Acne vulgaris (literally, it means
"the common acne") is an inflammatory disease
of the skin. It occurs when oil produced naturally by the skin's
oil glands is overproduced, plugs pores and hair follicles, and
thereby cause an inflammation.
Causes of Acne
During the teenage years, rising hormone levels
cause the skin's oil-producing sebaceous glands
to create excessive amounts of oily secretions called sebum.
This oil drains into the hair follicle and hardens into a plug
that blocks the follicle's pores.
Blocked pores caused bacteria called Propionibacterium
acnes (P. acnes) - bacteria that normally live on
the skin's surface - to grow in the trapped sebum and cause inflammation
called acne lesions or comedones
Meet the bad guys: Propionibacterium acnes grown in thioglycollate
The major causes of acne vulgaris, especially in
The predisposition to developing acne is inherited from either
The increase in production of the sex hormone called androgens
in young men and women during puberty causes the skin's oil
glands to produce excess amount of pore-plugging sebum.
Other known acne causes are prescribed medicine,
cosmetics, stress, skin irritants, and pollution.
Types of Acne Lesions
There are two general forms of acne lesion:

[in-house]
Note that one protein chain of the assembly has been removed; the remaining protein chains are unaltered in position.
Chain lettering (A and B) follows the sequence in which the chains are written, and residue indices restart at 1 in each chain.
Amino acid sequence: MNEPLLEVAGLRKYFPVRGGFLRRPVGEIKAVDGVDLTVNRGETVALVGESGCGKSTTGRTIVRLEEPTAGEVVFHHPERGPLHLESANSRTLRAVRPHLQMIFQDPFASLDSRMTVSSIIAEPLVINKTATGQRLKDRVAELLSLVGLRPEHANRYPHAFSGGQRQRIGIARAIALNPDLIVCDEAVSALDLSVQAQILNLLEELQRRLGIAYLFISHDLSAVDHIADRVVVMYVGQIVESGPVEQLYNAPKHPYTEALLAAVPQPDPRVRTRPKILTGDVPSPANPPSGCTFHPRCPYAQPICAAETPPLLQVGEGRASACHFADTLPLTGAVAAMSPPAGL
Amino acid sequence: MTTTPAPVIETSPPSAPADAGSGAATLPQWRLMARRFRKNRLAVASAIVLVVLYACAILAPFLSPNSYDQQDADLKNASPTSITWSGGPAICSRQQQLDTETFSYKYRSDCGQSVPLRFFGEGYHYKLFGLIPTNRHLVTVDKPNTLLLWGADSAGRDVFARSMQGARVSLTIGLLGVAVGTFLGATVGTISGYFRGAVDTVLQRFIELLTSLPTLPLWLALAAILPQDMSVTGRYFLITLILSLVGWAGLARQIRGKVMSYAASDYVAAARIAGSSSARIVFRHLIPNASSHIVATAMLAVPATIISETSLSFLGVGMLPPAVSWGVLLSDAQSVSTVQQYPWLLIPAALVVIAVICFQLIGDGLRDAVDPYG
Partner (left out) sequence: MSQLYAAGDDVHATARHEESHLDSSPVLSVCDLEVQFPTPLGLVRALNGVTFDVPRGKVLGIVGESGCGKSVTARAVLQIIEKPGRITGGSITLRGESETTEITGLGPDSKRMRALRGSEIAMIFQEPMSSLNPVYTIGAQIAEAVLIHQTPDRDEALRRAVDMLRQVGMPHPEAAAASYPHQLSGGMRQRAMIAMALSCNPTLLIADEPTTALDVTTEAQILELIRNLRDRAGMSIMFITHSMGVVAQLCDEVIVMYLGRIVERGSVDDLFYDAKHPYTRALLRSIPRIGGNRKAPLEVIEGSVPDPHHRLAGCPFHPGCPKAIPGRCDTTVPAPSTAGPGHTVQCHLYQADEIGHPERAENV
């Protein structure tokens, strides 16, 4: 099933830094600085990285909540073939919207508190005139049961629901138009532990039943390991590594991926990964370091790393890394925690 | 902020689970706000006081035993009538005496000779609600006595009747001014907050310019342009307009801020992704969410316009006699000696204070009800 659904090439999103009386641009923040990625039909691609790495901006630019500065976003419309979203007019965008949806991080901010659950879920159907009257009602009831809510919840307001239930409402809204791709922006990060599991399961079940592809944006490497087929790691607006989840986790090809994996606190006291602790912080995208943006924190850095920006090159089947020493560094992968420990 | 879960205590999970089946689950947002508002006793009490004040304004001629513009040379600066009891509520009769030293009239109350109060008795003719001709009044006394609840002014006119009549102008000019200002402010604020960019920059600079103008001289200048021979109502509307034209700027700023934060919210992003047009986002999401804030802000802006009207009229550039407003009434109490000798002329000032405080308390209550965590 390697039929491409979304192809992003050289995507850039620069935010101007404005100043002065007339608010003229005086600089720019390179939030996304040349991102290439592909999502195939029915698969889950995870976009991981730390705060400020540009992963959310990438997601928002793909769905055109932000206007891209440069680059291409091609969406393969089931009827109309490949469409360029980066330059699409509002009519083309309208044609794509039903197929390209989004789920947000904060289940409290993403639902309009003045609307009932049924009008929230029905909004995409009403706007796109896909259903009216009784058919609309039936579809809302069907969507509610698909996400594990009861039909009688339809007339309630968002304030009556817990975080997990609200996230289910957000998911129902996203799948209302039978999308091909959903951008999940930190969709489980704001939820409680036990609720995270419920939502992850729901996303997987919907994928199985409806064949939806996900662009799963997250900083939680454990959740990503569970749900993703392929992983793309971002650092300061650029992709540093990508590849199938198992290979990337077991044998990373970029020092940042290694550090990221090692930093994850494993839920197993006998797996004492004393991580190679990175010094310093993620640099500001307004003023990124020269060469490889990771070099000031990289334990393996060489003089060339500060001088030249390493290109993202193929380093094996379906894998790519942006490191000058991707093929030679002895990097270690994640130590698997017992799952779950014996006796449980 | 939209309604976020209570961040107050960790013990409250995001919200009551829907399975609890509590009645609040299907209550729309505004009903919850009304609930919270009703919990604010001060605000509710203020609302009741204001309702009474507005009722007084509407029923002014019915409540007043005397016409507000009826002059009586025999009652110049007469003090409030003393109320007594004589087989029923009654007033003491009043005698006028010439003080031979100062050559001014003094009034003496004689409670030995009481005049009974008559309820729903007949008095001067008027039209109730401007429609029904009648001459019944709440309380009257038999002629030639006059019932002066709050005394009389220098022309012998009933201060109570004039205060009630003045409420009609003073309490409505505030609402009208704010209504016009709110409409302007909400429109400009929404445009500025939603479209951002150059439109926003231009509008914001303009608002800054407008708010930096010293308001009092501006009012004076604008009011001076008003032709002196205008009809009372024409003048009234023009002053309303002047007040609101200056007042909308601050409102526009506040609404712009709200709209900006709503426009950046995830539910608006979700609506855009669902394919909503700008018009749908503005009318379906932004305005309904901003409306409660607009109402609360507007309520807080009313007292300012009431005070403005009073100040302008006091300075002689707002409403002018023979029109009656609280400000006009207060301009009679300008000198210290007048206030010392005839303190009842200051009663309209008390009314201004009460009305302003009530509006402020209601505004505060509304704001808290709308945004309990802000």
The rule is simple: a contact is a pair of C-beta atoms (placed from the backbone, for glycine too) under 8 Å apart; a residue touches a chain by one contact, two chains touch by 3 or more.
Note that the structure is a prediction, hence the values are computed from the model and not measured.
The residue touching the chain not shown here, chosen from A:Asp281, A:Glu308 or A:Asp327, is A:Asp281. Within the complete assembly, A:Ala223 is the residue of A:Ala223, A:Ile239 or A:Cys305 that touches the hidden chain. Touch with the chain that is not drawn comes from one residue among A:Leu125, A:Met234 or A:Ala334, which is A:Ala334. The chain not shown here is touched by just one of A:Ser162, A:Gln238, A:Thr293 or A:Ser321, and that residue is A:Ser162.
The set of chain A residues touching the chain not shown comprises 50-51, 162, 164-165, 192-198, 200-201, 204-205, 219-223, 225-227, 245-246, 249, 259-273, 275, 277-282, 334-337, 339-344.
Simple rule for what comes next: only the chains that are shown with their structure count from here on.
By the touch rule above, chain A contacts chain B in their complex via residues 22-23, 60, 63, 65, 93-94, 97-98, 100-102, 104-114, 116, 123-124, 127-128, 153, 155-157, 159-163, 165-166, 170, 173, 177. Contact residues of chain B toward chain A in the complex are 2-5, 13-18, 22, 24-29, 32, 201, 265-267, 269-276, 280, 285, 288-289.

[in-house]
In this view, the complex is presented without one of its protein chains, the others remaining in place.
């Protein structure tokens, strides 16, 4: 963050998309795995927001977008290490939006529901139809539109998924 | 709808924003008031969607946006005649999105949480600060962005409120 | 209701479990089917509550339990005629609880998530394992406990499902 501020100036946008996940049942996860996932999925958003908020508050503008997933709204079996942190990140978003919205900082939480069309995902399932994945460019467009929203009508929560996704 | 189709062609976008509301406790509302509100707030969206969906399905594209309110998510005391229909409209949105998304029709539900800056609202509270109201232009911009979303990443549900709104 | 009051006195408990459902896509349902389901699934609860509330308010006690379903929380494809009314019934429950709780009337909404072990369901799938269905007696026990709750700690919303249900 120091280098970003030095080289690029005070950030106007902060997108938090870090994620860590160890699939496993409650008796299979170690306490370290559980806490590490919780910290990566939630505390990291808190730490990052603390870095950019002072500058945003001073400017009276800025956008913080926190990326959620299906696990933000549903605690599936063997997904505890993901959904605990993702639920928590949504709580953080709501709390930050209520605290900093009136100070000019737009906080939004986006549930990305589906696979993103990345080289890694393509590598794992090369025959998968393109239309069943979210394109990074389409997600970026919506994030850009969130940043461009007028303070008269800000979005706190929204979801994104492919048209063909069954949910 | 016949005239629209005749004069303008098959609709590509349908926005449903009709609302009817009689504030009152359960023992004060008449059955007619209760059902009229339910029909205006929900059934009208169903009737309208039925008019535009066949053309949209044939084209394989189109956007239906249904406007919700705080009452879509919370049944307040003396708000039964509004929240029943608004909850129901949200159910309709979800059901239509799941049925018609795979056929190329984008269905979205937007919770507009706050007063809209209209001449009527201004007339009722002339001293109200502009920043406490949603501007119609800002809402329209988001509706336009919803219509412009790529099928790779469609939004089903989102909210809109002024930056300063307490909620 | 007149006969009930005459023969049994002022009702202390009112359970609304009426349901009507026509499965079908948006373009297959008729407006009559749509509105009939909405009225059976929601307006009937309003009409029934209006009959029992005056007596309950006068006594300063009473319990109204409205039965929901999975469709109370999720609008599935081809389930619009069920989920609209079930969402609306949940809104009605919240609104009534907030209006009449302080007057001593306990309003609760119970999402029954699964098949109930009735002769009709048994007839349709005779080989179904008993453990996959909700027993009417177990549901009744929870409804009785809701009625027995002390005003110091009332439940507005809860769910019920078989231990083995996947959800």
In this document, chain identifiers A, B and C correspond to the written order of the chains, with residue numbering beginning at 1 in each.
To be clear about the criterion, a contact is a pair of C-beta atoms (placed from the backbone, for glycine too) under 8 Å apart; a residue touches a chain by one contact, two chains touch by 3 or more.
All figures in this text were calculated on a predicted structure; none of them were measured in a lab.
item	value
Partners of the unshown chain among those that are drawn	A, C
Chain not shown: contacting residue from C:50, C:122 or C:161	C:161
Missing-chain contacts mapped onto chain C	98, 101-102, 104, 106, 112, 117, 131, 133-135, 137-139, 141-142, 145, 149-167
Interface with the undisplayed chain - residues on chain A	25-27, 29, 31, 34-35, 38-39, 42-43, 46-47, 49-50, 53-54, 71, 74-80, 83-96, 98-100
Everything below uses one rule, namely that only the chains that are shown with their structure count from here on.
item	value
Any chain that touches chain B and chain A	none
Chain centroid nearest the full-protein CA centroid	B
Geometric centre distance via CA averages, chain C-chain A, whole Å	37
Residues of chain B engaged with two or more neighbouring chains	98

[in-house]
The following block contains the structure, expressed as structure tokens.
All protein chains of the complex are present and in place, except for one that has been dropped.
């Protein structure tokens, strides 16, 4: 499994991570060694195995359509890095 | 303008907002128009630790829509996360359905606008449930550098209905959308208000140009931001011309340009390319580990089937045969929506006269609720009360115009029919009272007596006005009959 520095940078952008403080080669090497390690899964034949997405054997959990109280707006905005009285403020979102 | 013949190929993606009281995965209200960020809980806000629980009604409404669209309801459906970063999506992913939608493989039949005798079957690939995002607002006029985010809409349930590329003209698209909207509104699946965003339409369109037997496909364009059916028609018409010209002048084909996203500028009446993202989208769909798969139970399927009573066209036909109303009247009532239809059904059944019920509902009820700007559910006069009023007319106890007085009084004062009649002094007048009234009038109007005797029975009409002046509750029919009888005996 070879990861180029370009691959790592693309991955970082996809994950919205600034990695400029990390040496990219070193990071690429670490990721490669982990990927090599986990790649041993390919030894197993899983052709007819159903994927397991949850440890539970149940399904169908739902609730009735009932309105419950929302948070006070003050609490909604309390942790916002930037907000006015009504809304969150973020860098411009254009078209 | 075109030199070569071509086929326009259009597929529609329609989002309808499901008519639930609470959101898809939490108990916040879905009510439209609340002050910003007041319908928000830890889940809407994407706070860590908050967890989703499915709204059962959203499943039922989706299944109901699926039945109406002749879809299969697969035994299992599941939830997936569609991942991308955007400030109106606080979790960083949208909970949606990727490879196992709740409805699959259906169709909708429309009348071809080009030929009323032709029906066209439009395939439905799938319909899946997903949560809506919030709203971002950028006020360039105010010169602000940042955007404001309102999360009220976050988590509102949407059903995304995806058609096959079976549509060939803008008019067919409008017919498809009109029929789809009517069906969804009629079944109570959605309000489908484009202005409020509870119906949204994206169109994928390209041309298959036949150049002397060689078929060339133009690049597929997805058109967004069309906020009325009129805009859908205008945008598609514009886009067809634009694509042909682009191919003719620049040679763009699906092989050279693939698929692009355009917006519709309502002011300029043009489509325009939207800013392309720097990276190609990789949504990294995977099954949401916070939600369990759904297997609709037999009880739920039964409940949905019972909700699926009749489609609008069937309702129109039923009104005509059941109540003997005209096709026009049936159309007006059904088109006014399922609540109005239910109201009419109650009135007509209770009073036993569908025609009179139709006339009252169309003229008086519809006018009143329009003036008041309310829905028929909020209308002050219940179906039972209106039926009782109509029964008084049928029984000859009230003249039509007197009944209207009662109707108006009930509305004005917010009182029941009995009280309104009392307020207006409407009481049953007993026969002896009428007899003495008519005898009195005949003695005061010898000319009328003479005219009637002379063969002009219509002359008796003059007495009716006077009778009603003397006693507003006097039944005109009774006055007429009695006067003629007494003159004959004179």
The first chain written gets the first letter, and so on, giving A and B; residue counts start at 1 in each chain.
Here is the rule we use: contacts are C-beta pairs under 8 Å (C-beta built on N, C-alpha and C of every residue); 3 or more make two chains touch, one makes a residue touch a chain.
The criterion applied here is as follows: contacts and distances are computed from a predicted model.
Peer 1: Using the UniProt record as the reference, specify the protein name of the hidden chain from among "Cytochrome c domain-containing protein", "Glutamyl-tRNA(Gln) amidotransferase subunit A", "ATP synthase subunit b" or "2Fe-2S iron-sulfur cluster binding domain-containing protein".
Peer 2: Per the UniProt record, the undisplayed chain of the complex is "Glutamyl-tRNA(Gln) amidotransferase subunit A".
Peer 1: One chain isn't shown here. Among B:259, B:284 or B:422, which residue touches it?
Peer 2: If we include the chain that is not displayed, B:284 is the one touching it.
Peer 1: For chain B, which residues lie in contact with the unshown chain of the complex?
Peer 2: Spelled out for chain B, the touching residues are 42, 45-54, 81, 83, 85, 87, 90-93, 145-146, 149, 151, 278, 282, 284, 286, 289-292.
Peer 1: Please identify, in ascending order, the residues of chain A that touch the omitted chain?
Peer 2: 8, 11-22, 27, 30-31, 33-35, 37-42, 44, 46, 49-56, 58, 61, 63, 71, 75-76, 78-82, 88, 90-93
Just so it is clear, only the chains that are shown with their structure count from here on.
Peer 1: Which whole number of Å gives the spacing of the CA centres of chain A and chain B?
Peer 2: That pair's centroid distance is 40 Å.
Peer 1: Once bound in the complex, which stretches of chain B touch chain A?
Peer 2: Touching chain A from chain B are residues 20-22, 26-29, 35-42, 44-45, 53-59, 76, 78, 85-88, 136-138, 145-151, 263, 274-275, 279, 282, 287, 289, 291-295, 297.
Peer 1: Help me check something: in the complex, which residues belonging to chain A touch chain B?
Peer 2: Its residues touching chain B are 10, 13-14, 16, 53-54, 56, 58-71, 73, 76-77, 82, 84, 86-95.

Acne lesion that stays below the skin surface and is completely
plugged by sebum.
Open lesion that reaches the skin's surface. The dark color
is actually not caused by dirt - instead, it is caused by the
Small acne lesions can sometime develop into other, more serious
forms, including papulae, pustules, nodules, and
cysts. These lesions can last a long time, be painful,
and can lead to scarring.
How Common Is It?
Affecting about 85% of Americans in their teenage
and young adulthood, acne is the most common skin condition in
the United States. Most people outgrow acne - however, for some,
it can last well into adulthood.
Treatment of Acne?
For most people, maintaining good hygiene by washing
the affected areas a couple of times a day with mild anti-bacterial
facial soap can reduce excess oil and kill bacteria. Topical over-the-counter
creams containing benzoyl peroxide or herbal
creams containing the anti-septic tea tree oil can also help.
Prescribed medicines for acne include:
- Topical antibiotics, such as benzoyl peroxide, erythromycin,
- Oral antibiotics, such as tetracycline and erythromycin
- Tretinoin (Retin-A) cream or gel
- Isotretinoin (Accutane)